WhyReef - Menu

The porcupinefish crunches and munches shrimps, crabs, and sea urchins with its hard, beak-like jaw. It will also snack on small fish. It only eats animals, so it is a carnivore.
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Diseases and Parasites

Lymphocystis Disease. Viral diseases
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Life History and Behavior

Reproduction

Egg Type: Pelagic, Pelagic larva
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Molecular Biology and Genetics

Molecular Biology

Statistics of barcoding coverage: Diodon hystrix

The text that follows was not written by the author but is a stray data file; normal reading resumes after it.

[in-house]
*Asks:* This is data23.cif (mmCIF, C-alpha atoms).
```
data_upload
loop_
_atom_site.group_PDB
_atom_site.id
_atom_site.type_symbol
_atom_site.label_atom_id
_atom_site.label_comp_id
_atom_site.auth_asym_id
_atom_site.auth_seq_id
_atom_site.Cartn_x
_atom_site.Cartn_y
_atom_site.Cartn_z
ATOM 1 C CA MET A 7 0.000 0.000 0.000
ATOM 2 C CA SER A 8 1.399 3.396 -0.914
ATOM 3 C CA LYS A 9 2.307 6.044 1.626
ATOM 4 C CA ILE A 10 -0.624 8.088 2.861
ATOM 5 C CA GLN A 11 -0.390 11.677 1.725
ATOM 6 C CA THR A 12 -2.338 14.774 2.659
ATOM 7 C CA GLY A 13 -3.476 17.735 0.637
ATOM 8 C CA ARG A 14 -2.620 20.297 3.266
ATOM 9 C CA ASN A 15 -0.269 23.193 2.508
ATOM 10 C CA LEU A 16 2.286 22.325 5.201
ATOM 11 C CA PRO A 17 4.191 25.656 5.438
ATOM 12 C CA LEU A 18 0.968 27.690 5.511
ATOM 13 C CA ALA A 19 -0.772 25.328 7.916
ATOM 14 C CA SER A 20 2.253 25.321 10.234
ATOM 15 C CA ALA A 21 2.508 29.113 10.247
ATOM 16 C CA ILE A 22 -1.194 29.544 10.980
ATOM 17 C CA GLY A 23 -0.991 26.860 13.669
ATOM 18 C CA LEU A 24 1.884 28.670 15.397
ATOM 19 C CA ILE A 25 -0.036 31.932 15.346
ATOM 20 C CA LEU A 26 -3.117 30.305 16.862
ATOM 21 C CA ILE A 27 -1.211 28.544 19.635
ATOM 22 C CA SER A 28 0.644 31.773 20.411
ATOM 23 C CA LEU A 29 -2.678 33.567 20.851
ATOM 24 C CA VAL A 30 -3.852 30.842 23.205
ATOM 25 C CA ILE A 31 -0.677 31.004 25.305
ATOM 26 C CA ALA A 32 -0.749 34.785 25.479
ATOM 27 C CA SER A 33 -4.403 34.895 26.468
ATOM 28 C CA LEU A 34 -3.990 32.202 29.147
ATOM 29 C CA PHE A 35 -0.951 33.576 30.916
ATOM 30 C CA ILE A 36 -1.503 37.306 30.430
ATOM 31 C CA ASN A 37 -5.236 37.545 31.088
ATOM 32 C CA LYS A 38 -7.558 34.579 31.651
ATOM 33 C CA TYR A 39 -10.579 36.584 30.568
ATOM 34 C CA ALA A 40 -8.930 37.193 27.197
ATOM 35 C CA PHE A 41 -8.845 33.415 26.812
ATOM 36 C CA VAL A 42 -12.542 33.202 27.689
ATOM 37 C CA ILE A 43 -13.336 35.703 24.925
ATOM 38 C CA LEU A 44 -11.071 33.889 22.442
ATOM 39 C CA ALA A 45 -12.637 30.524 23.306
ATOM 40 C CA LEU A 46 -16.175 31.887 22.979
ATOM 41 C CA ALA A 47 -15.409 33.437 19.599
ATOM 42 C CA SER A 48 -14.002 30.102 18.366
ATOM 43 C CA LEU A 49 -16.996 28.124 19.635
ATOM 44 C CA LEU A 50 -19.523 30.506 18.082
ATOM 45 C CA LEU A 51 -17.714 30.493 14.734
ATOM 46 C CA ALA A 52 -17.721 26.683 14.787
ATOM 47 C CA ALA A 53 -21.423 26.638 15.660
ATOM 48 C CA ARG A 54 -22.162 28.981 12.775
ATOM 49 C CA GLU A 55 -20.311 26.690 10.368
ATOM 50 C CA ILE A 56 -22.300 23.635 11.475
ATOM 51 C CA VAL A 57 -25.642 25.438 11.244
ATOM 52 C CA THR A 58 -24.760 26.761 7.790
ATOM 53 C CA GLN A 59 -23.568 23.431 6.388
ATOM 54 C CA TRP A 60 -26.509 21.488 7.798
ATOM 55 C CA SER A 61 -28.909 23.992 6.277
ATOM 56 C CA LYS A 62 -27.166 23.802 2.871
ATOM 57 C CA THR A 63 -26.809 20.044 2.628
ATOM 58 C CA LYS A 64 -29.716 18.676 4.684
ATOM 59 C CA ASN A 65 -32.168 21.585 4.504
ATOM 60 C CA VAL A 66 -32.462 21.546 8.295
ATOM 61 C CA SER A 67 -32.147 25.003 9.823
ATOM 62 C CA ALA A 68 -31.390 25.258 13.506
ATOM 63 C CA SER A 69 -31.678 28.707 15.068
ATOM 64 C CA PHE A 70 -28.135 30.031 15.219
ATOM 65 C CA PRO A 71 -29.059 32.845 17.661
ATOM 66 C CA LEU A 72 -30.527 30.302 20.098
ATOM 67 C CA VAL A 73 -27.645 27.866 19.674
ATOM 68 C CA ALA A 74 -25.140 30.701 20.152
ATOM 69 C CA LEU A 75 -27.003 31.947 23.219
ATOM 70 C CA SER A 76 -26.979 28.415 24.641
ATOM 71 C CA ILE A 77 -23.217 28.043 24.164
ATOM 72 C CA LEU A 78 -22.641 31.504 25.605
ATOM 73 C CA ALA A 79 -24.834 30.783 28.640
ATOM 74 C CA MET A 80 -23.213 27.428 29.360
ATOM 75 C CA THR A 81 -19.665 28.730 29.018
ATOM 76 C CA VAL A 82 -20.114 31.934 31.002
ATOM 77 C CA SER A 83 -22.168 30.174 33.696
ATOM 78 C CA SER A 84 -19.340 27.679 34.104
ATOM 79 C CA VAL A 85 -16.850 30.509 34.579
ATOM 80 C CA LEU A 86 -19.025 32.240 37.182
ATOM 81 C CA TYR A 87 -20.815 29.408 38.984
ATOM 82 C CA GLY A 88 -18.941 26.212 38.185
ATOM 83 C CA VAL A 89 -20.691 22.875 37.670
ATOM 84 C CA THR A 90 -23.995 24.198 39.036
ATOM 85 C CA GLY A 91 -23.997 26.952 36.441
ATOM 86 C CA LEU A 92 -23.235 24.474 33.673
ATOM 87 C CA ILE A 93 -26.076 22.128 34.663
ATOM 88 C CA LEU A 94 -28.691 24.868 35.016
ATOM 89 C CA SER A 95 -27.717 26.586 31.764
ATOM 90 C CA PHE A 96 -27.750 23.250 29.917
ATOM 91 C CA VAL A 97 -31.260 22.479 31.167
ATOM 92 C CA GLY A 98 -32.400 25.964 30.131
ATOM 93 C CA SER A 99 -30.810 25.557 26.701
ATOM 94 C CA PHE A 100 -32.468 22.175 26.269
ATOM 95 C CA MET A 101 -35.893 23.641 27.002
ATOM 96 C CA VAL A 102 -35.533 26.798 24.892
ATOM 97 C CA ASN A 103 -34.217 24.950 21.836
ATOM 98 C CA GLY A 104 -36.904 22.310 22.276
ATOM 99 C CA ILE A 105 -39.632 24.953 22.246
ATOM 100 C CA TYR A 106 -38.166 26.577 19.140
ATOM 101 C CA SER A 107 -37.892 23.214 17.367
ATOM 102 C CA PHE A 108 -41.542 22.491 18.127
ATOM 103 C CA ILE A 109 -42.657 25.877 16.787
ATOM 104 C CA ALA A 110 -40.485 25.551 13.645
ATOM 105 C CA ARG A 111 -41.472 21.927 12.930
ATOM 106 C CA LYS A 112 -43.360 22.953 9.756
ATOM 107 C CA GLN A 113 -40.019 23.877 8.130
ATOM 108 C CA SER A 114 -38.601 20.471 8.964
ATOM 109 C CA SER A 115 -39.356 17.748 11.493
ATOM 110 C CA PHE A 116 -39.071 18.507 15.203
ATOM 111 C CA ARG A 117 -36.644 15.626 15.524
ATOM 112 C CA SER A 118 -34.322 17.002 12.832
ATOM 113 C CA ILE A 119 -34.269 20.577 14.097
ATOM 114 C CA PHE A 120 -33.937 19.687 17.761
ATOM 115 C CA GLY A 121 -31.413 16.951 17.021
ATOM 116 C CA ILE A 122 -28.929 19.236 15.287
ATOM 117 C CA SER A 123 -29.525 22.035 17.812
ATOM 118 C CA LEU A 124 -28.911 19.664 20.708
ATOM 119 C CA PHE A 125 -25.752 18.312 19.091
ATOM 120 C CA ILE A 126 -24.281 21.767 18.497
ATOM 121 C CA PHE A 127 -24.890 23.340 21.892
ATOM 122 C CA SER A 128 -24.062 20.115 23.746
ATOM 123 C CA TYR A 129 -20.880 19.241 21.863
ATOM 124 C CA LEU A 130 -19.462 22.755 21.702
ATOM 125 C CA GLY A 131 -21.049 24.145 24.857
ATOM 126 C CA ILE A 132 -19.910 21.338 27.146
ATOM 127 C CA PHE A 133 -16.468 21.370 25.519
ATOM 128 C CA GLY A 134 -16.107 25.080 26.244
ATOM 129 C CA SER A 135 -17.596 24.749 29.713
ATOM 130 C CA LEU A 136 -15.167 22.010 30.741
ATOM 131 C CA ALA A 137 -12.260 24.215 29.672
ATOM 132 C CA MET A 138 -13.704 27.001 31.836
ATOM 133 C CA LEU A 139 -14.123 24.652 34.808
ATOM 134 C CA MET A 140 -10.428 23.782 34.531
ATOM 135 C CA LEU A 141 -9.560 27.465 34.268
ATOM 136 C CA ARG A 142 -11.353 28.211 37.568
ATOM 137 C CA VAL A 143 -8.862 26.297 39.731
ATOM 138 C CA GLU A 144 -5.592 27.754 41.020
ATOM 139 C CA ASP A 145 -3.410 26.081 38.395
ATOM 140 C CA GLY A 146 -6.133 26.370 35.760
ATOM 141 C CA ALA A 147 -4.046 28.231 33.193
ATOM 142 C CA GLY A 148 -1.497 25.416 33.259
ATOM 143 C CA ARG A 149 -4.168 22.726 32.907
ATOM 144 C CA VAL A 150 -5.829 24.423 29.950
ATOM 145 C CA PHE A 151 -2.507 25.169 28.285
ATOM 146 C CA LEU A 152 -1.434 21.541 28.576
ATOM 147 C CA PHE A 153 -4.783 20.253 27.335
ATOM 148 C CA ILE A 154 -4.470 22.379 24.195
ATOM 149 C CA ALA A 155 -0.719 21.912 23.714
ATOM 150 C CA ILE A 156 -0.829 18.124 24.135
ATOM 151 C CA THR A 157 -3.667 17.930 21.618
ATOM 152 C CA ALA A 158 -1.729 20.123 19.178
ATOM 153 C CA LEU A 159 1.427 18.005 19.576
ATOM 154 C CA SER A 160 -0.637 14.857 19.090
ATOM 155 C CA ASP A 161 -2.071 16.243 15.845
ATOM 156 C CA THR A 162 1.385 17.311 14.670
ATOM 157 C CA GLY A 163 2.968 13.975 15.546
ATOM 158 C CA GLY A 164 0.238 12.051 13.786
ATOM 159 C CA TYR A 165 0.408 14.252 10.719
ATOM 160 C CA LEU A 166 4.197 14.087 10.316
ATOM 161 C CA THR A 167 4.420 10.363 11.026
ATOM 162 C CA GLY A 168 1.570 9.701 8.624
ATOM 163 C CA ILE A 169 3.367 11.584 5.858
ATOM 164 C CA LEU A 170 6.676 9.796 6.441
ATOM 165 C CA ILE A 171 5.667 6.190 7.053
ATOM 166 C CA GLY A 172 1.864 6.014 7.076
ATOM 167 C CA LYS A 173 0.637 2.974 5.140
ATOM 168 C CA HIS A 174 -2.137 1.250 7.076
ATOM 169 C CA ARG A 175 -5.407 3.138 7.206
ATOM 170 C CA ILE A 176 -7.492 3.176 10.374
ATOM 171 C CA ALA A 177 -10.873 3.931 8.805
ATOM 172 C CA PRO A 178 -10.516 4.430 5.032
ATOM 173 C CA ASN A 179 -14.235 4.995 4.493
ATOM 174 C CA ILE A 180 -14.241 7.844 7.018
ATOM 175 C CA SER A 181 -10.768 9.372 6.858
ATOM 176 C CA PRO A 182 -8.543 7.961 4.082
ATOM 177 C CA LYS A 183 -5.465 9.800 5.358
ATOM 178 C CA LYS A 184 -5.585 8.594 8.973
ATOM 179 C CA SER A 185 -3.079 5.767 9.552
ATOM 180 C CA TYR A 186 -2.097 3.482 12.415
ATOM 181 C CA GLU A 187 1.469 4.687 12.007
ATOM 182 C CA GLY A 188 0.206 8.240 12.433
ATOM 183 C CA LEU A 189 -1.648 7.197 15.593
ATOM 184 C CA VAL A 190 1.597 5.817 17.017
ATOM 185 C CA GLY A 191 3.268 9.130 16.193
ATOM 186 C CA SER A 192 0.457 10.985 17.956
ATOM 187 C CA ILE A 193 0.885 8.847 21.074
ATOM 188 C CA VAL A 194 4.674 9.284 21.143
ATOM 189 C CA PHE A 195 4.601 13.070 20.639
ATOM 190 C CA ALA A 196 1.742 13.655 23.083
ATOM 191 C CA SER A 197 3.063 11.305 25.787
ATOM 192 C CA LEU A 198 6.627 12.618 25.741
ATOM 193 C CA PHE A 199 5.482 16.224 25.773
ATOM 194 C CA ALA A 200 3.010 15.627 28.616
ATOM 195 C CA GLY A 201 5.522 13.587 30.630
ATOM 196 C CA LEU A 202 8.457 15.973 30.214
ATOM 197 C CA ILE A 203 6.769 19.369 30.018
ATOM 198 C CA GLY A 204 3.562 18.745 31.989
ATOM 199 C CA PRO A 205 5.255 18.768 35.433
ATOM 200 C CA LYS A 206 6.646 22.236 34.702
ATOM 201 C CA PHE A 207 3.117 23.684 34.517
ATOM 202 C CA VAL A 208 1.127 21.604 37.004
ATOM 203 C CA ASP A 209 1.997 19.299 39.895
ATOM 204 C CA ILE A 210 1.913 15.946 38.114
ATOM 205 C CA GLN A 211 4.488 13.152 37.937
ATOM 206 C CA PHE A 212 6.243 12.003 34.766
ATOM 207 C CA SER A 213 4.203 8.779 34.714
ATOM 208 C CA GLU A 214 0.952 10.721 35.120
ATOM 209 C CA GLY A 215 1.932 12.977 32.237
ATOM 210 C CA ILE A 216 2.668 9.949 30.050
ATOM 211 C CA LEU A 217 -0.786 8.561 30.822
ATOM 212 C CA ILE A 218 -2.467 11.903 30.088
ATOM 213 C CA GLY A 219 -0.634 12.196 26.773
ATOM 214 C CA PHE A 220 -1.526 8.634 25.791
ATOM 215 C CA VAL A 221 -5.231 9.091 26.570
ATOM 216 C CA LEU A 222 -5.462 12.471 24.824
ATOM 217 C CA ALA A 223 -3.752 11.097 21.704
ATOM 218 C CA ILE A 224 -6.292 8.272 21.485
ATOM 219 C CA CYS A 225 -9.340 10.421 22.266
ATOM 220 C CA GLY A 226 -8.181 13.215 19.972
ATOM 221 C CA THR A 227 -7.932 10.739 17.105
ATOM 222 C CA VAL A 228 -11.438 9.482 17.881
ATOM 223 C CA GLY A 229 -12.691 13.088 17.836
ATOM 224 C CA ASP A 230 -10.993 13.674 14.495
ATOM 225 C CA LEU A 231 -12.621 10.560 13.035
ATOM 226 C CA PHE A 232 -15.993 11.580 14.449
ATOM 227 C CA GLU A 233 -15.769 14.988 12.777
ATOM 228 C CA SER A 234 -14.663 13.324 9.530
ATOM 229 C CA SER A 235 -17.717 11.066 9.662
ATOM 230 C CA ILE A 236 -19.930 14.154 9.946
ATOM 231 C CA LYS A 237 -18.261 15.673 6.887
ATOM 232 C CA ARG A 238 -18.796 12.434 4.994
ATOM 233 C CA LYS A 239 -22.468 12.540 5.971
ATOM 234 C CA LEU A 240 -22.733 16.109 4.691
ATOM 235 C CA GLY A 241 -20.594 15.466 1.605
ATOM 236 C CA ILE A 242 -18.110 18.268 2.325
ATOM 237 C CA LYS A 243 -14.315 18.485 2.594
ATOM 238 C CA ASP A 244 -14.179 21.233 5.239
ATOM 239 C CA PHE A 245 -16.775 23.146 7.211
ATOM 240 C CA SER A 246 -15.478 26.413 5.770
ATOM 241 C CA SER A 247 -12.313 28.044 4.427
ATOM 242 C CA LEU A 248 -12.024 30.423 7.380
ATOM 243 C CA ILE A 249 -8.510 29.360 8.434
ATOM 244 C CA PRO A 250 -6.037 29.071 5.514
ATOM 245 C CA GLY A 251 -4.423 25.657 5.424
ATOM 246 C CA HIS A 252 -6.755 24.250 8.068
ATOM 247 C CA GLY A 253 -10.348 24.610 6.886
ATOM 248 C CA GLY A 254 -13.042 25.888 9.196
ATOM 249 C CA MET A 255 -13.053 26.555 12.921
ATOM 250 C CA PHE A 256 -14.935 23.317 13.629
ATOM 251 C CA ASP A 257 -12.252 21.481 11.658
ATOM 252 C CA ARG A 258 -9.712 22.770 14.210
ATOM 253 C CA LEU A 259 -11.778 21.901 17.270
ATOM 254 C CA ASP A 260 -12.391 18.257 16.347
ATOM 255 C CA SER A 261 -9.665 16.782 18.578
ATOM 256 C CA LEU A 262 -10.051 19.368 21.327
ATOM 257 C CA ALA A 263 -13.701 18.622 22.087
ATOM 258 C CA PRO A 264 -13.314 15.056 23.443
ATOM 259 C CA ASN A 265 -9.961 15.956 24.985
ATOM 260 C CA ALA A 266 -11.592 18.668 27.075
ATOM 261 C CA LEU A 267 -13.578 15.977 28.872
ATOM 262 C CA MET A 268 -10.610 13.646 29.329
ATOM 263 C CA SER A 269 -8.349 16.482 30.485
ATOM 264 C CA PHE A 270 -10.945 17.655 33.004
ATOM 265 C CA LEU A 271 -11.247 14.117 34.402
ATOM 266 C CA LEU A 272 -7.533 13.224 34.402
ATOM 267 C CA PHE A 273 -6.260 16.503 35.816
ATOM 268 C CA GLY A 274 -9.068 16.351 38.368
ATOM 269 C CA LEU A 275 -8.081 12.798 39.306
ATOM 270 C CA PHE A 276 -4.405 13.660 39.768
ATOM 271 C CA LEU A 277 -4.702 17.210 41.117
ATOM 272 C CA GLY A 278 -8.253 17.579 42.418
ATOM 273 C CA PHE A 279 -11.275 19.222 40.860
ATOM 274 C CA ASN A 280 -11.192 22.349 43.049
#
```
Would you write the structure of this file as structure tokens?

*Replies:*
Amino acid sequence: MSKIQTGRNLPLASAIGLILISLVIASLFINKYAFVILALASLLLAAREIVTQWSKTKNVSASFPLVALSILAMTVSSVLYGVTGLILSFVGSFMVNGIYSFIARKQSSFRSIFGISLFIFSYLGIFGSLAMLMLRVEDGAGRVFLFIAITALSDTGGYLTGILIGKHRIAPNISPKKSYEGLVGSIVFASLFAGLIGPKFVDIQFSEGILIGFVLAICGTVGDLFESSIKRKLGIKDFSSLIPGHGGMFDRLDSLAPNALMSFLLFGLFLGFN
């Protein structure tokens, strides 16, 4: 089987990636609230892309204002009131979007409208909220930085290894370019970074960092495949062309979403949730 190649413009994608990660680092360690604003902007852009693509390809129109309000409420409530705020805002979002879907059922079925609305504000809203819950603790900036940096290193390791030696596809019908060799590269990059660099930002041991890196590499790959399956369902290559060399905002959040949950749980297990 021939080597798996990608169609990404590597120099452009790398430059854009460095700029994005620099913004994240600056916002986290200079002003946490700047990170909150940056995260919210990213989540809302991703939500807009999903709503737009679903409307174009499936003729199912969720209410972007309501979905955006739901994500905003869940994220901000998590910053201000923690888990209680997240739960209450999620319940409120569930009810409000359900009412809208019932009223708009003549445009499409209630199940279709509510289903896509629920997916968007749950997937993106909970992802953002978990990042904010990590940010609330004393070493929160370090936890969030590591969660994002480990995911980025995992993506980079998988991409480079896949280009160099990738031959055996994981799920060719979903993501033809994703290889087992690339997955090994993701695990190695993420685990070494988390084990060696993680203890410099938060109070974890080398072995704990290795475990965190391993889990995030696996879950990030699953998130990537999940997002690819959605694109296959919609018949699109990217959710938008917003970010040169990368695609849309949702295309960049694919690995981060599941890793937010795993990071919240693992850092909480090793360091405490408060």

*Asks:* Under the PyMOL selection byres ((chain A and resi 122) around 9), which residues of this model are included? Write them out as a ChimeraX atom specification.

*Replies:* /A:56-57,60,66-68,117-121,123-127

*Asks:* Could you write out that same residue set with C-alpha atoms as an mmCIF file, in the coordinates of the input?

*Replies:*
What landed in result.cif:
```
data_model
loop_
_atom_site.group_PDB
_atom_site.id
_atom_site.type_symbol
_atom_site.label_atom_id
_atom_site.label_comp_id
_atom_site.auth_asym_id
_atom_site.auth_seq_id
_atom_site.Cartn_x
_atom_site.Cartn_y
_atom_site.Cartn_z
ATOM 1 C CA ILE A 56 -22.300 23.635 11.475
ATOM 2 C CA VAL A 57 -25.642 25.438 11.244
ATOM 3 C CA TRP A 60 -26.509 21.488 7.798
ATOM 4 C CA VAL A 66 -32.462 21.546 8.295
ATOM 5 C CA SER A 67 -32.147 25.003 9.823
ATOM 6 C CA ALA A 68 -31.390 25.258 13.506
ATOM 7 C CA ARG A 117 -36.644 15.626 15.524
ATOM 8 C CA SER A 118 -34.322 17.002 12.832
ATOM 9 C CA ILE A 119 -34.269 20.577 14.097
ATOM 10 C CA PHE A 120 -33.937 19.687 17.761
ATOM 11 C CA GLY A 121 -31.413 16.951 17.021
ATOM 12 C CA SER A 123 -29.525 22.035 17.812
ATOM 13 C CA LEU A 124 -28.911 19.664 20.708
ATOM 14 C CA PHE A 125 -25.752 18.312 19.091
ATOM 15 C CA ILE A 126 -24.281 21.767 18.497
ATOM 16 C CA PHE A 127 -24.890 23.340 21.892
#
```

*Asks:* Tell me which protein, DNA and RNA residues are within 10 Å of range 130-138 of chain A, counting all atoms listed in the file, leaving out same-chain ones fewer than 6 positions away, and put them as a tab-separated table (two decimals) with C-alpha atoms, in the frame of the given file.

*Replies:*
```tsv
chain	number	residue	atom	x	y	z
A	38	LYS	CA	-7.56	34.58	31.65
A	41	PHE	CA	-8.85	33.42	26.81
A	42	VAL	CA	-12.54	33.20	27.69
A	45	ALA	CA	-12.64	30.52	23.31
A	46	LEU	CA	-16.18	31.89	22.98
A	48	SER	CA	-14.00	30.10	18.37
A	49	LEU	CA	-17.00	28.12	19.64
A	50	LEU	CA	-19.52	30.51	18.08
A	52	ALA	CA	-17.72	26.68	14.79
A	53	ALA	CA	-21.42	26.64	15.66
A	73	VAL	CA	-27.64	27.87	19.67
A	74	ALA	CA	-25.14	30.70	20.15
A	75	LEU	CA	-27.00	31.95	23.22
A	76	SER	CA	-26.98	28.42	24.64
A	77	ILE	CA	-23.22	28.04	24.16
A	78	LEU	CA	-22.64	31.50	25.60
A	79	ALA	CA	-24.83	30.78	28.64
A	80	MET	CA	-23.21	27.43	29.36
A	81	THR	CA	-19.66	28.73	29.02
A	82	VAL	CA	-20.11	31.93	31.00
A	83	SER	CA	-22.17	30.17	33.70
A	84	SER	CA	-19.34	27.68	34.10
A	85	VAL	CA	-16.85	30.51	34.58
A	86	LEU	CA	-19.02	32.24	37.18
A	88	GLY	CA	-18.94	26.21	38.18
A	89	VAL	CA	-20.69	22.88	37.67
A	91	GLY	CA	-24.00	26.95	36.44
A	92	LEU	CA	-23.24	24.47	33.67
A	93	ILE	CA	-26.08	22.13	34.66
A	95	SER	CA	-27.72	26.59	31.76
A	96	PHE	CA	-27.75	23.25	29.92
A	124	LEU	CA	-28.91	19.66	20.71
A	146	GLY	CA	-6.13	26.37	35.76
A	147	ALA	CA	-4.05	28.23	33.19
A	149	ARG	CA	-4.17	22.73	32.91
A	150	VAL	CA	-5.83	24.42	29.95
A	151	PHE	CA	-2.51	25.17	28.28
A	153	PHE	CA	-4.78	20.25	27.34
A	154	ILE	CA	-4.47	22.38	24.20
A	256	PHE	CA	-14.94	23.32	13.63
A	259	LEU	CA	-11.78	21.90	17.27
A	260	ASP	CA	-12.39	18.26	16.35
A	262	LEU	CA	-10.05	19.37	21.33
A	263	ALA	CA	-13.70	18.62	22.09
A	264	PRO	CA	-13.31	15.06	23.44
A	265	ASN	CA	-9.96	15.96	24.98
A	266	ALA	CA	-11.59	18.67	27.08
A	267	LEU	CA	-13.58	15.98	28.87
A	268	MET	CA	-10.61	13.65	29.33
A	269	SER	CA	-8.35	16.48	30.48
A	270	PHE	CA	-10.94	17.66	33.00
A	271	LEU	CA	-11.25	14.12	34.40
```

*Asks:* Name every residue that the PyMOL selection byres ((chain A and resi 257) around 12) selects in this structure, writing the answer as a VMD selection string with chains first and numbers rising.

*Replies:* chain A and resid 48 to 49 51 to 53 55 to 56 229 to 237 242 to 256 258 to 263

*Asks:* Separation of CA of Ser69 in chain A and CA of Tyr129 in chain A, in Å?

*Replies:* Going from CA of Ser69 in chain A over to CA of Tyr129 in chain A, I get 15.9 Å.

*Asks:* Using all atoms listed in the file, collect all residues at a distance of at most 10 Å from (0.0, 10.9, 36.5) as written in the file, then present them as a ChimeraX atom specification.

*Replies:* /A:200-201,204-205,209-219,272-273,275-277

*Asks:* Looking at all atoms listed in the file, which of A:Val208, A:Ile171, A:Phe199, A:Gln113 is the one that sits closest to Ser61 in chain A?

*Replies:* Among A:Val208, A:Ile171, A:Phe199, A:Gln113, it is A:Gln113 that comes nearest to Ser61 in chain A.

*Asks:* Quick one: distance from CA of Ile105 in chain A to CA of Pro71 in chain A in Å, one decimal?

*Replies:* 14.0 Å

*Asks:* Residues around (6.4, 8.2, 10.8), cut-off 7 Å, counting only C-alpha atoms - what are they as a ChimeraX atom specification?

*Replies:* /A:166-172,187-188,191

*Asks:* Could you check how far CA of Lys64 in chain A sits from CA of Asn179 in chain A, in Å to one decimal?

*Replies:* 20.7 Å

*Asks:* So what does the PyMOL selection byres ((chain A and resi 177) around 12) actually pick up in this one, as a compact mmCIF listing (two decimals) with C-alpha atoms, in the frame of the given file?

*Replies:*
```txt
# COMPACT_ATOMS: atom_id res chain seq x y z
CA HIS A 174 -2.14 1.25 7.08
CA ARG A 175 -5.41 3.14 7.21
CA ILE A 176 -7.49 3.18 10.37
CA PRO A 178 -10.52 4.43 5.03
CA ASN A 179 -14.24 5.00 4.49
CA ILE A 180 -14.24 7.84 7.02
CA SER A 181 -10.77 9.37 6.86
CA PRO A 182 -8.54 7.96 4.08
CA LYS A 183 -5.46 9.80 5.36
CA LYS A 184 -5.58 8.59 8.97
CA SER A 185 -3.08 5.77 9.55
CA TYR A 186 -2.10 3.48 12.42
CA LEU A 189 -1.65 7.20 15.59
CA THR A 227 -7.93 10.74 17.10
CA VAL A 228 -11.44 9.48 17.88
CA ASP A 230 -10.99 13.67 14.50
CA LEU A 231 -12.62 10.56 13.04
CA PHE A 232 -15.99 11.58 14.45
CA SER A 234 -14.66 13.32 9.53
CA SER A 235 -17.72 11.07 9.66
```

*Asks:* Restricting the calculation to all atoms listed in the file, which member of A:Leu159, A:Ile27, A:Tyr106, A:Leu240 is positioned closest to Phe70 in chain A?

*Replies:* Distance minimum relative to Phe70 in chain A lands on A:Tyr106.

Barcode of Life Data Systems (BOLDS) Stats
Public Records: 5
Specimens with Barcodes: 23
Species With Barcodes: 1
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Barcode data: Diodon hystrix

The following is a representative barcode sequence, the centroid of all available sequences for this species.


There are 4 barcode sequences available from BOLD and GenBank.  Below is a sequence of the barcode region Cytochrome oxidase subunit 1 (COI or COX1) from a member of the species.  See the BOLD taxonomy browser for more complete information about this specimen and other sequences.